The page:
What Waiting For Christmas Can Teach Us About Waiting For God

There are some who say that we measure time in lifespans. As a child, Christmas took forever to come around. It seemed like a lifetime. This is because it had literally been a whole lifetime since the last one. When we get to be in our twenties, Christmas seems to come around twenty times as quickly. As we reach our seventies we adopt the attitude, ‘What’s the point in taking down Christmas decorations? We’re just going to put them up again right away.’

I think there is some merit to this theory. I know from my own experience things now come at me at an incredible speed. Birthdays, anniversaries, holidays all fly by.

God is not human but the only way we have to think of Him is in human terms. Jesus who experienced what it was like to be human understood this and while He was with us on earth, taught us to think of God the creator as our loving father. One who could be stern, yet fair and full of mercy.

So what is time like for the Creator—someone who has existed forever. Does He think of time like we do? St. Peter tells us no. But do not forget this one thing, dear friends: With the Lord a day is like a thousand years, and a thousand years are like a day.”

Just as we are amused by a child’s impatience for Christmas, perhaps God is sometimes amused by our own impatience. We pray in earnest for God to answer our prayers, but if we don’t see immediate results we feel that our prayers are going unanswered. Oh, to return to the days of Adam and Eve when they could communicate directly with God and hear his direct answer in return. No garbled meaning, no unclear message.

But because of our sinful nature, we lost that connection. We no longer know what God thinks or what His plans are for our lives except only in the broadest sense. We know that He loves us and cares for us. We know that He wants all of us to be saved and to be with Him after the judgement. We know that after the judgement Earth will be restored and we will again enjoy direct communications with God. But when will that time come?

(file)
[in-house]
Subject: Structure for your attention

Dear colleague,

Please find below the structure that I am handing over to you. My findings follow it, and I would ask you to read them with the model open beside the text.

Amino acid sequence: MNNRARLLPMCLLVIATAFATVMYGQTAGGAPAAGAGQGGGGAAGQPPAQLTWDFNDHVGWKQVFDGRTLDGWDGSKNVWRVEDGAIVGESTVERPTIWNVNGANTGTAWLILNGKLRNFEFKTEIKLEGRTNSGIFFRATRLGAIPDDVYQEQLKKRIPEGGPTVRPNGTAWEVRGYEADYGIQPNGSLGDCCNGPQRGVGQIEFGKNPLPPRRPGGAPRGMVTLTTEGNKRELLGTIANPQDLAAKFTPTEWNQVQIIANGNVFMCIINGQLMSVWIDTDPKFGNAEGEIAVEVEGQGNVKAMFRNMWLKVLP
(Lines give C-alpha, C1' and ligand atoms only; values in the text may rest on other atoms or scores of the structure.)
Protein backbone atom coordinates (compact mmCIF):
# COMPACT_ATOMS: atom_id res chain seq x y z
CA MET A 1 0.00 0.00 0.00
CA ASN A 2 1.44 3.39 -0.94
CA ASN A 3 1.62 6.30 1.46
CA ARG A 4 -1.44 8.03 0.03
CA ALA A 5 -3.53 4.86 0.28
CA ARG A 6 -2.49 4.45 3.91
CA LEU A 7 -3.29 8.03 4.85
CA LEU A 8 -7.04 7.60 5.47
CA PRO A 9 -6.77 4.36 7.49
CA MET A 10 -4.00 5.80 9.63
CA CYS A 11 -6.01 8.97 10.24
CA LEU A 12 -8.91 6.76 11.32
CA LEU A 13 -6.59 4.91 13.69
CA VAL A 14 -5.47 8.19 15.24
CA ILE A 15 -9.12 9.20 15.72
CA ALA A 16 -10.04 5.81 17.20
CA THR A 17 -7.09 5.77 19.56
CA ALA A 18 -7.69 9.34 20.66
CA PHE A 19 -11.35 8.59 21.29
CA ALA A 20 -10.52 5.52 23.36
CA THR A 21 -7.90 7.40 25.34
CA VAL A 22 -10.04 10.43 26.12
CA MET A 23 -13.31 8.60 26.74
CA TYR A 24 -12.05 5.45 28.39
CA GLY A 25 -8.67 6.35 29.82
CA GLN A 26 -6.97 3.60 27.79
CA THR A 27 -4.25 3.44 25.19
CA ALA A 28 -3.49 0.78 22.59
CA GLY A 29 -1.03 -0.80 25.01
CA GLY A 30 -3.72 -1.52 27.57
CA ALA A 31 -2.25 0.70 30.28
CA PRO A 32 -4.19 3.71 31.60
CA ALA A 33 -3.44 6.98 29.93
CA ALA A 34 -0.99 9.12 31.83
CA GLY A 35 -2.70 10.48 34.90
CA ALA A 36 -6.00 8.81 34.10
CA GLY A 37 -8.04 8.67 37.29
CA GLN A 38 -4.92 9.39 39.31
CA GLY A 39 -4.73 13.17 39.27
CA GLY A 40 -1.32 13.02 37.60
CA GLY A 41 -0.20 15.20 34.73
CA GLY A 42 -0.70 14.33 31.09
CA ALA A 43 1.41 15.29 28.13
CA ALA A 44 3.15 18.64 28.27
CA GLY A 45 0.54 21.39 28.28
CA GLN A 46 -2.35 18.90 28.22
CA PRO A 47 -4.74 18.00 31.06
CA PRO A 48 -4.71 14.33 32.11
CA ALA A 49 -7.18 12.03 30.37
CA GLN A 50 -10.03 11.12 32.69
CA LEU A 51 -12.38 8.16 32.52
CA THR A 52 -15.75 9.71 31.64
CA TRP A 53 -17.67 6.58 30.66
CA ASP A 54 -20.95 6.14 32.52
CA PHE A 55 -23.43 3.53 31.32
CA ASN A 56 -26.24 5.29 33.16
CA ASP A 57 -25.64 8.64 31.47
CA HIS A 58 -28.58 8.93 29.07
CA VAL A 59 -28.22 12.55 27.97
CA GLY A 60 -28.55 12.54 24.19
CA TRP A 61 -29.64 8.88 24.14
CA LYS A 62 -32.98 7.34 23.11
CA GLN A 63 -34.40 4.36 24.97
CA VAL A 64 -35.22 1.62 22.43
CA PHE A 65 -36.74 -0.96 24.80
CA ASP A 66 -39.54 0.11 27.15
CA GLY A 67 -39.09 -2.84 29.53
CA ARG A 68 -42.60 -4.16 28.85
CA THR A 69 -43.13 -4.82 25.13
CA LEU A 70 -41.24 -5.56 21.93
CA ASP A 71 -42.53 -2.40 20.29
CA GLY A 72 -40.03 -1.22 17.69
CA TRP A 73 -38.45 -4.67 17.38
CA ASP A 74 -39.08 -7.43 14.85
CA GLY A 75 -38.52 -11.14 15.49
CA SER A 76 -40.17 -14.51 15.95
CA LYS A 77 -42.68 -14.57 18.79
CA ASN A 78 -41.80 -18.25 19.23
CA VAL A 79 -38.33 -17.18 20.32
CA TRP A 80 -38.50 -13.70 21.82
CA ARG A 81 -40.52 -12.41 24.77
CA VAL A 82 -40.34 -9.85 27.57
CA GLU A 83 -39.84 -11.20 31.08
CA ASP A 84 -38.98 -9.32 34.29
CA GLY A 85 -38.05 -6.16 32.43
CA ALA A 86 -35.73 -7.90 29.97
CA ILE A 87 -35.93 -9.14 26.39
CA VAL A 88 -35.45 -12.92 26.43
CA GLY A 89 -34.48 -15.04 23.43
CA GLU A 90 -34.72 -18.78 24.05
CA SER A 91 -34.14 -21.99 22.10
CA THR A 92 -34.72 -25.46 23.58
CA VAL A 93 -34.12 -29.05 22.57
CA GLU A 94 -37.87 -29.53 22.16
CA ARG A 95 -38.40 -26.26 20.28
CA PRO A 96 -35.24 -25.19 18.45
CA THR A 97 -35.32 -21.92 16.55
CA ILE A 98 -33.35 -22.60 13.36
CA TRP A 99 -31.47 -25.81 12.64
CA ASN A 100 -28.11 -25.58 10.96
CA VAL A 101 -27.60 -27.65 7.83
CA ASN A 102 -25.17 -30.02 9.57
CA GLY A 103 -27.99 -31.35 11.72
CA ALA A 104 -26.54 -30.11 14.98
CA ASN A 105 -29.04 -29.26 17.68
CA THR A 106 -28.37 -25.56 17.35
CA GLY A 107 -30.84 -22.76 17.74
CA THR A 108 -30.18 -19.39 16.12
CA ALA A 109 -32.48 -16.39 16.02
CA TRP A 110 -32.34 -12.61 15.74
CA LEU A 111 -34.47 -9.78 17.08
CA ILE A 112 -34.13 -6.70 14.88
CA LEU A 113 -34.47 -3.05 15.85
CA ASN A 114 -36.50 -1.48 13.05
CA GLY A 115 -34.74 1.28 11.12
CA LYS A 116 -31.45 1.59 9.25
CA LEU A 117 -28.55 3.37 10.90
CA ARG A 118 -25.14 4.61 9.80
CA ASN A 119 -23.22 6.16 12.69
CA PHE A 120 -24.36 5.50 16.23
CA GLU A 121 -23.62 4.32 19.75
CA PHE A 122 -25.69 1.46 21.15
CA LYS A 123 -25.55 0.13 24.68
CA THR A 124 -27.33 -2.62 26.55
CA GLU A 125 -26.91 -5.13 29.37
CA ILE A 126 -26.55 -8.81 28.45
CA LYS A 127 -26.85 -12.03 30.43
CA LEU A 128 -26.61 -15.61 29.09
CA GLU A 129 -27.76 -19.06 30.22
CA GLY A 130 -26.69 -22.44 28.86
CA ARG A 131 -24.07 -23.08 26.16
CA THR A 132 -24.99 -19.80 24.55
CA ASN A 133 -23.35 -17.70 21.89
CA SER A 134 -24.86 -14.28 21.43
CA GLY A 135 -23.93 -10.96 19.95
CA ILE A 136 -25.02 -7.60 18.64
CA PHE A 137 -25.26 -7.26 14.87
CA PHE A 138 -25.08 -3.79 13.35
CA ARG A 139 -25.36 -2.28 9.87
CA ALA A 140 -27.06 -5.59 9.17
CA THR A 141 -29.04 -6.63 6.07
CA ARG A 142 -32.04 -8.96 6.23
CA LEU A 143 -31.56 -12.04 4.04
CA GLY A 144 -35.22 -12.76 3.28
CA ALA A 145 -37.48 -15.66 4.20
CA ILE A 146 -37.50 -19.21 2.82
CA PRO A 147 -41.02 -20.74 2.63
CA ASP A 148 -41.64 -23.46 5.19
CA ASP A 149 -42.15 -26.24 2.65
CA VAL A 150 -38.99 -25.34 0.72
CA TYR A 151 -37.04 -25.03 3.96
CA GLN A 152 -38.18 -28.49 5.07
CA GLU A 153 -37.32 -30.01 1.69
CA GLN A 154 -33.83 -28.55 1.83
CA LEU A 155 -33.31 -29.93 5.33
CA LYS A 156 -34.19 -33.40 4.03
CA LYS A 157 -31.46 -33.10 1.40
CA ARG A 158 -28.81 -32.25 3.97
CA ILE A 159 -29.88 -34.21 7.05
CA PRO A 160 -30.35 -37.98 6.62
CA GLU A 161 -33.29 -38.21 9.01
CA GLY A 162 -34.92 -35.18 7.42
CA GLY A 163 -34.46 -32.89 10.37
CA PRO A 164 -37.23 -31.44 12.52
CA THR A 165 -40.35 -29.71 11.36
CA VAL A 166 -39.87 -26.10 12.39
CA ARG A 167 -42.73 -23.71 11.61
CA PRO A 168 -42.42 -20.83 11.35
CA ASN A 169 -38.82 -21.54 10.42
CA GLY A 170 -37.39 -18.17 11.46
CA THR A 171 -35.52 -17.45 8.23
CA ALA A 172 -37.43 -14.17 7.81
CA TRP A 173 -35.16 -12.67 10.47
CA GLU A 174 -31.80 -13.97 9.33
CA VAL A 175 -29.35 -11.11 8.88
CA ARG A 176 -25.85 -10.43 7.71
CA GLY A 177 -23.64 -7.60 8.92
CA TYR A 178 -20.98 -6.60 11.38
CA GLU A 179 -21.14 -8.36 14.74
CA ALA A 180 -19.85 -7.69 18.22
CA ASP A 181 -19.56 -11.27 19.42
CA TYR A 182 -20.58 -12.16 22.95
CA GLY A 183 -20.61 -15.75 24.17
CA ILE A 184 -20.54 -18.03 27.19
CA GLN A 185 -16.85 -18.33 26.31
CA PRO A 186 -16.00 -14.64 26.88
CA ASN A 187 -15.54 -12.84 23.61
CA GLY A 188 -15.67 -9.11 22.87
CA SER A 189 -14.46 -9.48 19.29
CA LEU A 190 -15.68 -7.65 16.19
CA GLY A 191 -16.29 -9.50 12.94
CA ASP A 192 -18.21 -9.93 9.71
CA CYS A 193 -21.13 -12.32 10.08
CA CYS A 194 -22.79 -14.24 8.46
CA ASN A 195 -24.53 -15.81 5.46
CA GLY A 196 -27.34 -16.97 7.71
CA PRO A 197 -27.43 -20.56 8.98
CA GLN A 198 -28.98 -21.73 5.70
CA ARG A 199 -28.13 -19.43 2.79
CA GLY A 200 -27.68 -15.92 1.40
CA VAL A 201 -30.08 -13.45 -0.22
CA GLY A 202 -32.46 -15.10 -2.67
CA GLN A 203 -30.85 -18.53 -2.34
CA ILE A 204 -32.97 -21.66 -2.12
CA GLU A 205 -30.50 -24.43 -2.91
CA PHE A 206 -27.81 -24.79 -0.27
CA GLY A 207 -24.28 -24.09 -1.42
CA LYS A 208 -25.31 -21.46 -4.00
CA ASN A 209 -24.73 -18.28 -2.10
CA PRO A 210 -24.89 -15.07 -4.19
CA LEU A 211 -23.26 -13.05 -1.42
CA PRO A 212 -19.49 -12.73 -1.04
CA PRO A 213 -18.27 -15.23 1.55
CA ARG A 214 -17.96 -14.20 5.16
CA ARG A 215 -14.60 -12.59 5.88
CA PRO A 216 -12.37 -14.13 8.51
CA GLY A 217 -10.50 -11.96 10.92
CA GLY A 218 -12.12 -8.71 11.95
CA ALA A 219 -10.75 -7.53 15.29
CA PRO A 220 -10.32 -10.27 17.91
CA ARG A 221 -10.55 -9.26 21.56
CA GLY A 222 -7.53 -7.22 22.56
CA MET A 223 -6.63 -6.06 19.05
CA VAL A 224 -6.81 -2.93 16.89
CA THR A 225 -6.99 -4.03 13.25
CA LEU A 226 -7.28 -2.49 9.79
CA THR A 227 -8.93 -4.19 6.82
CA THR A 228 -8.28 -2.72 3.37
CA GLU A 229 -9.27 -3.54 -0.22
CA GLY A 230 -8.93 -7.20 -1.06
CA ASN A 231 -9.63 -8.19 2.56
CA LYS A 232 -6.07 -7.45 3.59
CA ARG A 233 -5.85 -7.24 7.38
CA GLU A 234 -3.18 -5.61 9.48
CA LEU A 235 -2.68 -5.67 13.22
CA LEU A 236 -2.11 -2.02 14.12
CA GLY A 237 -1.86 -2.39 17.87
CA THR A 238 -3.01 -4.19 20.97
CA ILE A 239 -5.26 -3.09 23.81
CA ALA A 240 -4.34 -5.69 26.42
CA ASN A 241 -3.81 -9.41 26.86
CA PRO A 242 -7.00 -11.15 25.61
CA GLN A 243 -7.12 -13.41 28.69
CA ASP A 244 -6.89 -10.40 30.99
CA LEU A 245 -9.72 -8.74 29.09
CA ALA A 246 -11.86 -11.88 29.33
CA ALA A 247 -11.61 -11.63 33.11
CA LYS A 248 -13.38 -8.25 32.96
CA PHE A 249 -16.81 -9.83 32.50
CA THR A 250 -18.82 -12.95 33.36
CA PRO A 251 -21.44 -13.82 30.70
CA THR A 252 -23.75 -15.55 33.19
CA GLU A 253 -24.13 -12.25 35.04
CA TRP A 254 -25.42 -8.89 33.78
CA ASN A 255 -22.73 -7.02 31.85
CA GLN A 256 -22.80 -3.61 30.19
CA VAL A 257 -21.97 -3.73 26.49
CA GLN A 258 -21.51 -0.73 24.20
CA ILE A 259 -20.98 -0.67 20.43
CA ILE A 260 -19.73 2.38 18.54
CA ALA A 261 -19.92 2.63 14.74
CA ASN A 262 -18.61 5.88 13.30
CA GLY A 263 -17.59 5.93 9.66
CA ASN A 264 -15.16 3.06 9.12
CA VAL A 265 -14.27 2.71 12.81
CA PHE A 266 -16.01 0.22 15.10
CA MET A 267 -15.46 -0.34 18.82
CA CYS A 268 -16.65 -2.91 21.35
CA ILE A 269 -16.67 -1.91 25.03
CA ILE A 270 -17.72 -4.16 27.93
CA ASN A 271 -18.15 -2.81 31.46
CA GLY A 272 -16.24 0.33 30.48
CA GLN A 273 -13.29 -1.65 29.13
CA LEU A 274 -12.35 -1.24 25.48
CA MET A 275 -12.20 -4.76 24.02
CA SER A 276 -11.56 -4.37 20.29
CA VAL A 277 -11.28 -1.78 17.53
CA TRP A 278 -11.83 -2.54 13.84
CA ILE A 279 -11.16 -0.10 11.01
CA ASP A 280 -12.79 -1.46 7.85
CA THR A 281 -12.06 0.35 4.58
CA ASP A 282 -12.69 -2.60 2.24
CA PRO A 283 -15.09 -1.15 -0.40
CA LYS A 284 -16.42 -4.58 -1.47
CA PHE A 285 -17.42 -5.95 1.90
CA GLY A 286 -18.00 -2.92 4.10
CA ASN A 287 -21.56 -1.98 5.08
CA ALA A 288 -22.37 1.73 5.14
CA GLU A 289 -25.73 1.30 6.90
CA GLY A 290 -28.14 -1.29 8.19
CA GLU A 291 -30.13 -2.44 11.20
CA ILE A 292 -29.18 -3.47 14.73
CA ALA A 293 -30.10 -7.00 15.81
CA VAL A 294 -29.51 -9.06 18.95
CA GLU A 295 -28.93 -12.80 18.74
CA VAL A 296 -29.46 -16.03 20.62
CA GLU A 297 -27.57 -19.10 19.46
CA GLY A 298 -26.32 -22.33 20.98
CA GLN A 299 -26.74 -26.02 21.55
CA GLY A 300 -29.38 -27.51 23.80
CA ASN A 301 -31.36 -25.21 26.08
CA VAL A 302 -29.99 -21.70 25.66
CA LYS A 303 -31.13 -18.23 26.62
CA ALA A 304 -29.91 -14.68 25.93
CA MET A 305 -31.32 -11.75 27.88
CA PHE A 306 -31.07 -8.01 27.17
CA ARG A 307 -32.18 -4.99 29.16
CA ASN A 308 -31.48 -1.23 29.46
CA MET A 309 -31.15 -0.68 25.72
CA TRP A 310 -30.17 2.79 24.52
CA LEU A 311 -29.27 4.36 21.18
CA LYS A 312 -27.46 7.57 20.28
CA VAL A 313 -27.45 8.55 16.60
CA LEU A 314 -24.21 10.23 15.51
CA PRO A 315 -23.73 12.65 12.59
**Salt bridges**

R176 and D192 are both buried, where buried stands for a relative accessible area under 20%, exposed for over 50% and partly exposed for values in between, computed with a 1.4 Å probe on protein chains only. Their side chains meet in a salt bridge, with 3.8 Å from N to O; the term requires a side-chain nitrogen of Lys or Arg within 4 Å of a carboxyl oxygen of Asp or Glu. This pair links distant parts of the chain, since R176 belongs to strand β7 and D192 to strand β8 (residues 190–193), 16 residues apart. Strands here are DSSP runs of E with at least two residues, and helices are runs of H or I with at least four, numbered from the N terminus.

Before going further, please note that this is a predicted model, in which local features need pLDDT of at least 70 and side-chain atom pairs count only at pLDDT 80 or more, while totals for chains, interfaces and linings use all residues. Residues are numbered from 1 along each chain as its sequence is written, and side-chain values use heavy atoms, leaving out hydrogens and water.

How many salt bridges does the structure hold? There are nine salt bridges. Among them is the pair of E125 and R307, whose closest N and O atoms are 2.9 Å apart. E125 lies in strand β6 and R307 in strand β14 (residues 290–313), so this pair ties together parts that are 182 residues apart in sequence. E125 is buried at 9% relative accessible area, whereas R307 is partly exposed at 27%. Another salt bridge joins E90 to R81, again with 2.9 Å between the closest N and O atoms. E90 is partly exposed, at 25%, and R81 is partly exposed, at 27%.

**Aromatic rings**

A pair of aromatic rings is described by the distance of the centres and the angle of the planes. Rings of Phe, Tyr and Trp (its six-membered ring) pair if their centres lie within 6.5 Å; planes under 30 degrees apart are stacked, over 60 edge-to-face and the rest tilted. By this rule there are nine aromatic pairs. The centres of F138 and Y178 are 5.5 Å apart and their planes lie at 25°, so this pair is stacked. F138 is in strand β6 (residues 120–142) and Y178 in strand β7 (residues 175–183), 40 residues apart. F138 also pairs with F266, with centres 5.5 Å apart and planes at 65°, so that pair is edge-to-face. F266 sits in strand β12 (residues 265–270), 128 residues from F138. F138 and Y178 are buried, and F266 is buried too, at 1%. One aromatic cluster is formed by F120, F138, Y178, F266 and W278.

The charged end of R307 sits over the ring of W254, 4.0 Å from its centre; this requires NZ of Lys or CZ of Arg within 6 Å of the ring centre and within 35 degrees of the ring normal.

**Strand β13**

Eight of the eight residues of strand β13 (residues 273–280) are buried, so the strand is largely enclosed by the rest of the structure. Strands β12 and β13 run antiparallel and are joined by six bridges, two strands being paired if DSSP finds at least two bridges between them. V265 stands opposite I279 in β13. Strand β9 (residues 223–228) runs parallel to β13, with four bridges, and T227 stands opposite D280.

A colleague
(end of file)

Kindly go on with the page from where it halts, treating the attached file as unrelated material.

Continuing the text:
The Children of Israel waited thousands of years for the promised Messiah. In fact, the time between the giving of the Law at Mr. Sini and the birth of Jesus is almost the same about of time as has passed since Jesus’ birth until now.

So we wait patiently for Christ to come again. To us it seems to be taking forever. Seems to, but then we don’t know what forever is really like, do we?

3 Comments
  1. Thank you David for this thougttful reflection on the passages of time. Eternity is beyond my comprehension. When I was in confirmation class at Trinity (eons ago), we talked about time and eternity. I laugh now thinking of those days… I felt guilty for my being perpetually late. I’ve always been “time-challenged” so to speak. I so look forward to eternity with Jesus… not bound by time or space. But right now, my mind just cannot fathom it. I’m happy just waiting for Christmas… however long it takes.

  2. David… not sure I posted this correctly. But if not… Merry Christmas to you and your family and God’s richest blessings.

    Thank you for your TIMELY and thoughtful reflection.

    • Pat, you posted just fine. There is a glitch with my site that I have not been able to track down. The way that it is supposed to work is that a comment poster has their very first comment held back for approval. After that, all additional comments are supposed to go straight through (unless they use naughty words or try to sell something). Right now, no matter how many posts you have approved, they are still held back for approval.
      Sorry for the delay but thank you for visiting the site and taking time to share a comment.